Click above to learn more about harnessing the power of internal UPS systems and the unique features of the new ML450.
It’s a normal day, as you are reading this blog — your spreadsheets open, a design half finished, an email half written on another tab. What happens if your power goes out on your PC? Thanks to the work of Microsoft and Google, probably nothing. But what if the PC is operating on a factory floor or lies at the heart of a data logging, security, or medical embedded application? Data can be lost, sensitive equipment can be damaged and time is wasted. An Uninterrupted Power Supply (UPS) is the solution, but what if space or environmental factors (dust etc.) make a traditional external UPS impractical? In-PC UPS then comes to the rescue.
What is a UPS
At the core, a UPS is a secondary power source — a battery — that connects to a system to take over in the event of a change in power. They come in three general categories, or modes, each with their own purpose.
Offline/standby – This is your most basic UPS, giving you surge protection and battery back-up. They have a switch that triggers when power is cut off and brings the system onto battery back-up usually in a few milliseconds. This is fine for most PCs, routers, firewalls and the like, but can cause data errors if the machine is running a particularly intensive process, like rendering video.
Line Interactive – These UPSs are popular in areas where power fluctuates. A line interactive UPS can sustain a continuous under voltage (brownouts) and overvoltage situations thanks to a an autotransformer that compensates without tapping the battery. However, the voltage adjustment can cause power momentary irregularities that can affect sensitive devices like medical equipment, precision measuring tools and the like.
Online/double-conversion – The Online UPS is a ‘must have’ when no variation in power can be allowed. In these UPSs, the battery is connected into the current constantly and, when power changes occur, there is no effect on output. The primary downside to these is that the batteries can take more wear and tear and require replacement more frequently, but they are the best choice when system stability is at stake.
|Battery back up||Offline|
Why In-PC UPS?
Employing a UPS makes sense if data loss from power outages is a concern or if continuous operability is required. But why internalize it? UPSs usually take the form of a large external box.. An In-PC UPS is internal to the computer, in some ways like a Laptop battery. This configuration provides a variety of benefits:
- Ease of Monitoring – Some external UPS, often for an additional cost, be connected to monitoring software or the network, but an internal one can be monitored as easily as a network drive. Most OS’s will recognize it as a battery, like it was a laptop component.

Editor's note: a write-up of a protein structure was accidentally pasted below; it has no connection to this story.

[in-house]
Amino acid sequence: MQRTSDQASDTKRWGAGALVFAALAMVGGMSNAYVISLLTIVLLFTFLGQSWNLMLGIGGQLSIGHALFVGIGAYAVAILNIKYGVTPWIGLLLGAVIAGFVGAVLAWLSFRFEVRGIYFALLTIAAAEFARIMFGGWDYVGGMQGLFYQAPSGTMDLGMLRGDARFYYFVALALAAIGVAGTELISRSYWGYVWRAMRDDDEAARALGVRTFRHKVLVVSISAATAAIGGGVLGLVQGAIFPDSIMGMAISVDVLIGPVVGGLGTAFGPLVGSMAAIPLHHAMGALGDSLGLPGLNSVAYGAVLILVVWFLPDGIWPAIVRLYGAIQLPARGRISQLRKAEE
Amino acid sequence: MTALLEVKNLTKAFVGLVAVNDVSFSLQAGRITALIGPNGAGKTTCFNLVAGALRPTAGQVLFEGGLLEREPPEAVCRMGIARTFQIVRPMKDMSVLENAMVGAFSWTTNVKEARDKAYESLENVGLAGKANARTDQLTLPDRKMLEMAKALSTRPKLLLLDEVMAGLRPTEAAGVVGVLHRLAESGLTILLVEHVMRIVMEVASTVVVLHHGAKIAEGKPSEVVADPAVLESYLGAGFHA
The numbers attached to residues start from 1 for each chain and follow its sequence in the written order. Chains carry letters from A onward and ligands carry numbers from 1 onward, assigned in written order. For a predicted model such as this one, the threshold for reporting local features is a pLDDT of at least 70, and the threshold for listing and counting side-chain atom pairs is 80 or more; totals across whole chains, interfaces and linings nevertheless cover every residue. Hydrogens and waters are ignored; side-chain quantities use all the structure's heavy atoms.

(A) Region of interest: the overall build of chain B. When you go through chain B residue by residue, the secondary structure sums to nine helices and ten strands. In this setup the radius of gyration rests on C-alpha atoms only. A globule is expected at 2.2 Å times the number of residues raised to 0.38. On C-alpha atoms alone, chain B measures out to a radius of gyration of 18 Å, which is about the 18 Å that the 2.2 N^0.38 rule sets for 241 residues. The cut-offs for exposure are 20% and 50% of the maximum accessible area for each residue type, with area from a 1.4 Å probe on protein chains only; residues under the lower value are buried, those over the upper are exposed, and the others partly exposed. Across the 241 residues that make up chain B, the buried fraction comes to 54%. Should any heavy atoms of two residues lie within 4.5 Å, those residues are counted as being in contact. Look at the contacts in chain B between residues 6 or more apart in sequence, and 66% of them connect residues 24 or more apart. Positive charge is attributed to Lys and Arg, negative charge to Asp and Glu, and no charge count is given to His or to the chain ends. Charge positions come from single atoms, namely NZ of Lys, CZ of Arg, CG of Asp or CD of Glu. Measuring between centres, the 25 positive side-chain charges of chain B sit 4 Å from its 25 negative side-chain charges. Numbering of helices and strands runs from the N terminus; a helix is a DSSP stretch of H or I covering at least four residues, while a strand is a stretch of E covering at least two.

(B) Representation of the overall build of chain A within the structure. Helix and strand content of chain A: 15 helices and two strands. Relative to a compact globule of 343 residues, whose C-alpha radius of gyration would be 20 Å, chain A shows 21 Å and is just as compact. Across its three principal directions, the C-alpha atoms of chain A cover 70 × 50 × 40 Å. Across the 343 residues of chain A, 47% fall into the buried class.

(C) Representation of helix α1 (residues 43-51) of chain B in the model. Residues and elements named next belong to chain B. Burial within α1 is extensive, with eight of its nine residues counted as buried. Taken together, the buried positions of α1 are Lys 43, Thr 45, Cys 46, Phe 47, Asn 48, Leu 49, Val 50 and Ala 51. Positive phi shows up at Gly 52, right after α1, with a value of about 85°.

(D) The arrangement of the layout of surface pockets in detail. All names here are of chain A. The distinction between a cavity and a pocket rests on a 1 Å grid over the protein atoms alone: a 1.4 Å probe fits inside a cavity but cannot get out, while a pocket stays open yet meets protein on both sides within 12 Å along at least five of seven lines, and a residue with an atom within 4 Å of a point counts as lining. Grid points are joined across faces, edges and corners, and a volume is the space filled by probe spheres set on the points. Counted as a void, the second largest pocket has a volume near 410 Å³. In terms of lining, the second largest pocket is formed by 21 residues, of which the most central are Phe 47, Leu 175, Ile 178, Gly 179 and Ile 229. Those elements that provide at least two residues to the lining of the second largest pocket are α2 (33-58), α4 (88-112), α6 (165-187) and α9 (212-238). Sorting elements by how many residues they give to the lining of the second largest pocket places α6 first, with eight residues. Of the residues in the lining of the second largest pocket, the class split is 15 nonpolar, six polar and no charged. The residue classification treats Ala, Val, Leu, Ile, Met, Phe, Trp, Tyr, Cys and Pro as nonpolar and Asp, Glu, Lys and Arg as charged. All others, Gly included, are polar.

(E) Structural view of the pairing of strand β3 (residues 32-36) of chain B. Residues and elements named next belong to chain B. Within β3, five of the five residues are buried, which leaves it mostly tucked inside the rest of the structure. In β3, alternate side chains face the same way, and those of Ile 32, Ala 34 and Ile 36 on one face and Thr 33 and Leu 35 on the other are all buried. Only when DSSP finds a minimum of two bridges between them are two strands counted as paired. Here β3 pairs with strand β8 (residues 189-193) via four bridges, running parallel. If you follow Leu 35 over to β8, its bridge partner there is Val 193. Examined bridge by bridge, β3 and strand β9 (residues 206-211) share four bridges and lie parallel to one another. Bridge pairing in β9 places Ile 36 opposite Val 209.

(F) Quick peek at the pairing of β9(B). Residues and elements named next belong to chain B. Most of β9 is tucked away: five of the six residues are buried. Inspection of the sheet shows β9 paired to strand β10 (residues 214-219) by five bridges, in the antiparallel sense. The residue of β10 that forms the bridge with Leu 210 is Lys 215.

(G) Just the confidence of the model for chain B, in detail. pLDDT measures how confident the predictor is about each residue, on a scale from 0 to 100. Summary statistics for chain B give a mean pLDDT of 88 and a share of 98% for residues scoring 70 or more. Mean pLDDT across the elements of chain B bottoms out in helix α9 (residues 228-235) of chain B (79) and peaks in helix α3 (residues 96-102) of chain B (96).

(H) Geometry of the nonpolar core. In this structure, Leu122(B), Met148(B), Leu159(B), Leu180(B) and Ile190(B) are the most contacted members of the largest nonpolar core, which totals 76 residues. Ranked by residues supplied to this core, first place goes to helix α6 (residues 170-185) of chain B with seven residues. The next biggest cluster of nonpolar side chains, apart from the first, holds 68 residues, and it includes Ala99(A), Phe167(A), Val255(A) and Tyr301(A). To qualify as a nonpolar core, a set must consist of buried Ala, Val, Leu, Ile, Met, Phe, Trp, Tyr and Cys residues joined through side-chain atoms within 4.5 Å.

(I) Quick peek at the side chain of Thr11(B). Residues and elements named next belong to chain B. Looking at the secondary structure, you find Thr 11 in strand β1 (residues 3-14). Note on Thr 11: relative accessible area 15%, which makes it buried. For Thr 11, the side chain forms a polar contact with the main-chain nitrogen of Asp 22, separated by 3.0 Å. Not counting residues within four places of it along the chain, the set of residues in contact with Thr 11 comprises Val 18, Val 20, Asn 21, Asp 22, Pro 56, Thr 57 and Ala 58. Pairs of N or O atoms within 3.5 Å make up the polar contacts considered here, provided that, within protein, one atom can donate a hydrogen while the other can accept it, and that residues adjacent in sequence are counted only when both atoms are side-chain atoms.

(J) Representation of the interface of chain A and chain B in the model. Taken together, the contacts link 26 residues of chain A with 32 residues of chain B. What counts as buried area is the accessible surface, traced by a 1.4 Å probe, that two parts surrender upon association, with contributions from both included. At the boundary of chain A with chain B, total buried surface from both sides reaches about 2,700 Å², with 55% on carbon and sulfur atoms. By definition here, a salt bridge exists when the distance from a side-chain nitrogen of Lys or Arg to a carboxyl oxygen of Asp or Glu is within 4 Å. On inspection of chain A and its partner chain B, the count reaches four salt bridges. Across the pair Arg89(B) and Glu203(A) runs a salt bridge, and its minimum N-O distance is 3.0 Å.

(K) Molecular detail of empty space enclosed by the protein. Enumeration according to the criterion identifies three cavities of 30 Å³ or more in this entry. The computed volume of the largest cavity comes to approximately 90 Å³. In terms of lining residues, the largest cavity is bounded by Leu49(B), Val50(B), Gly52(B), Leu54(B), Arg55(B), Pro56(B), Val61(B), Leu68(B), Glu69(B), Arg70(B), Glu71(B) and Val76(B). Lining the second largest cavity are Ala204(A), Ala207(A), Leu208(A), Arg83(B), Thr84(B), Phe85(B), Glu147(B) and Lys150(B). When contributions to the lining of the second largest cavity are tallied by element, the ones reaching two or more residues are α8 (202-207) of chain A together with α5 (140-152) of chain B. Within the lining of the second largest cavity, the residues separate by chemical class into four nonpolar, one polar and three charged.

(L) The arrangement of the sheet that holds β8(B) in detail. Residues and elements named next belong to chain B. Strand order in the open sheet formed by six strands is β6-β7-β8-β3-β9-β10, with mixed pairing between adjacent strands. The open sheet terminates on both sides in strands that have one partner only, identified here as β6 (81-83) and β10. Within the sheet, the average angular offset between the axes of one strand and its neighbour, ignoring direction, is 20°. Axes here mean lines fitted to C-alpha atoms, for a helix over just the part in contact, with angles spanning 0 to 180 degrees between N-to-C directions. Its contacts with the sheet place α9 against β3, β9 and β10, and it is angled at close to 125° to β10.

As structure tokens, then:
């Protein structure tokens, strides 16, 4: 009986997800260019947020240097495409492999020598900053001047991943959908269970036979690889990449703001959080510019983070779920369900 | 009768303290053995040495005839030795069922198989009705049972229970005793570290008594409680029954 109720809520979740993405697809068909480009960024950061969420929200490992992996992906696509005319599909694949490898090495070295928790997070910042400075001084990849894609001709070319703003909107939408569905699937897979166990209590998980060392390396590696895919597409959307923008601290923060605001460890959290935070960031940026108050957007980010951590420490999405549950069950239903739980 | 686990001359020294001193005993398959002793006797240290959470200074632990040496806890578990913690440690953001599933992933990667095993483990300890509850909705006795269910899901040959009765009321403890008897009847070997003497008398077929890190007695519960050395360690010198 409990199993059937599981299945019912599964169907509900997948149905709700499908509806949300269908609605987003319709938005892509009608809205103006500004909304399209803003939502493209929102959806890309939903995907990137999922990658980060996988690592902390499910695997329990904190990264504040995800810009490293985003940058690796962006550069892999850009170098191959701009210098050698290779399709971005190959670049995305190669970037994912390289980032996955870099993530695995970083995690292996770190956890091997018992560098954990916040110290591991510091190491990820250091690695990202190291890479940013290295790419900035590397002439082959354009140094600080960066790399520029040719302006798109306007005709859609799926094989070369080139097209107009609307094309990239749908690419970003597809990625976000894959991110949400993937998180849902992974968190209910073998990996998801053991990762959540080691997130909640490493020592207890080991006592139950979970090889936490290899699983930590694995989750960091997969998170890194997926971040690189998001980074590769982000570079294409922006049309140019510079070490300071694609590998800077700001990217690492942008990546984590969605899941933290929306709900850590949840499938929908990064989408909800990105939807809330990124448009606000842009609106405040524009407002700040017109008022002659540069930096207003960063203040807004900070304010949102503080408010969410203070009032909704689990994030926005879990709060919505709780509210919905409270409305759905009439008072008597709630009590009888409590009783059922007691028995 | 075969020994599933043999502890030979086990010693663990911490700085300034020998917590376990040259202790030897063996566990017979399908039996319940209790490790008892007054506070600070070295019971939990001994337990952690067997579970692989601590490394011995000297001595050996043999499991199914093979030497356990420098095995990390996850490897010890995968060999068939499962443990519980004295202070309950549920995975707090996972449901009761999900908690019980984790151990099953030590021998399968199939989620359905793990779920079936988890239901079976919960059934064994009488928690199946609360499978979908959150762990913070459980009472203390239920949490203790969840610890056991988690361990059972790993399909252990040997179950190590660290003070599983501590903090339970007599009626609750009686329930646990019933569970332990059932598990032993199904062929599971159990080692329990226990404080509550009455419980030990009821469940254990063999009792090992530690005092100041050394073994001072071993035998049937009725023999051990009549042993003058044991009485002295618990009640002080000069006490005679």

- Mode Flexibility – In-PC UPSs like have a programmable output and mode. This means a single type of UPS can work on many different systems, and the mode can be set to Offline, Line Interactive or Online, depending on the need of the system.
- Size – The footprint of an external UPS can vary considerably, but an In-PC UPS like the OpenUPS2 is mounted in a SATA drive bracket, seamlessly tucked away inside the case. When space is an issue, such as in a Digital Signage, an In-PC UPS allows for the feature where one would have been impossible before.
- Protected – Perhaps most importantly, an In-PC UPS can’t be damaged as it is protected by the case. If your system can handle the dust, wood chips, rubber, steel shavings, or what have you, your UPS is safe.
Case in Point: At the 2013 Super Bowl during the live telecast a massive power outage hit and shut the game down. Along with the game went computers throughout the stadium, including those belonging to a photo vendor who’s photographers were processing photos for immediate release to international media. Normally racing against the clock, their productivity came to a sudden, grinding halt, and all work was lost. When the power came back up, they were left starting over again from scratch. In an situation where seconds literally costs millions, an In-PC UPS could have saved the day.
How do you pick a mode?
Making the move to a UPS, let alone an In-PC UPS, is sometimes a tough sell, at least before a disaster. It’s important to look at your use case and decide. Does your factory have an initial power draw when line starts up? You will want a line interactive UPS to prevent damages to your PCs. Do you have an older manufacturing machine that occasionally blows a fuse? A battery back up will save you from losing data. Are you running delicate and precisely calibrated sensor equipment? An Online UPS will prevent them from becoming inaccurate. In a standard UPS, it is a single device often locked into one of the three modes. With an In-PC UPS you choose what more it is in, for the best of all worlds.
The Takeaway: Fail-proofing
When thinking about how to fail-proof your system, especially in harsh environments, effort is often made to go fanless, and remove vents from a system. That’s a clear start for maintaining the life of a system, but UPSs are often an afterthought, or worse never thought of until a failure happens.
The bottom line is if power failure, space and environment are a concern then In-PC UPS is the way to go.
Solution Spotlight: A Powerful New Option
The new In-PC UPS is a 2.5 SATA-sized internal UPS add-on option that fits into a number of OnLogic small form factor computers. It mounts in standard 2.5″ HDD bay via built-in standoffs. The 11~24V input uninterrupted power supply offers a battery backup feature. Its output power accommodates most computing needs for roughly 30min – 1hour. The firmware behaves like typical laptop battery in OS (eg no special drivers needed). For questions about UPS or to learn more about the In-PC UPS and how it can fit in OnLogic’s ML300, ML250, or your system, contact an engineer.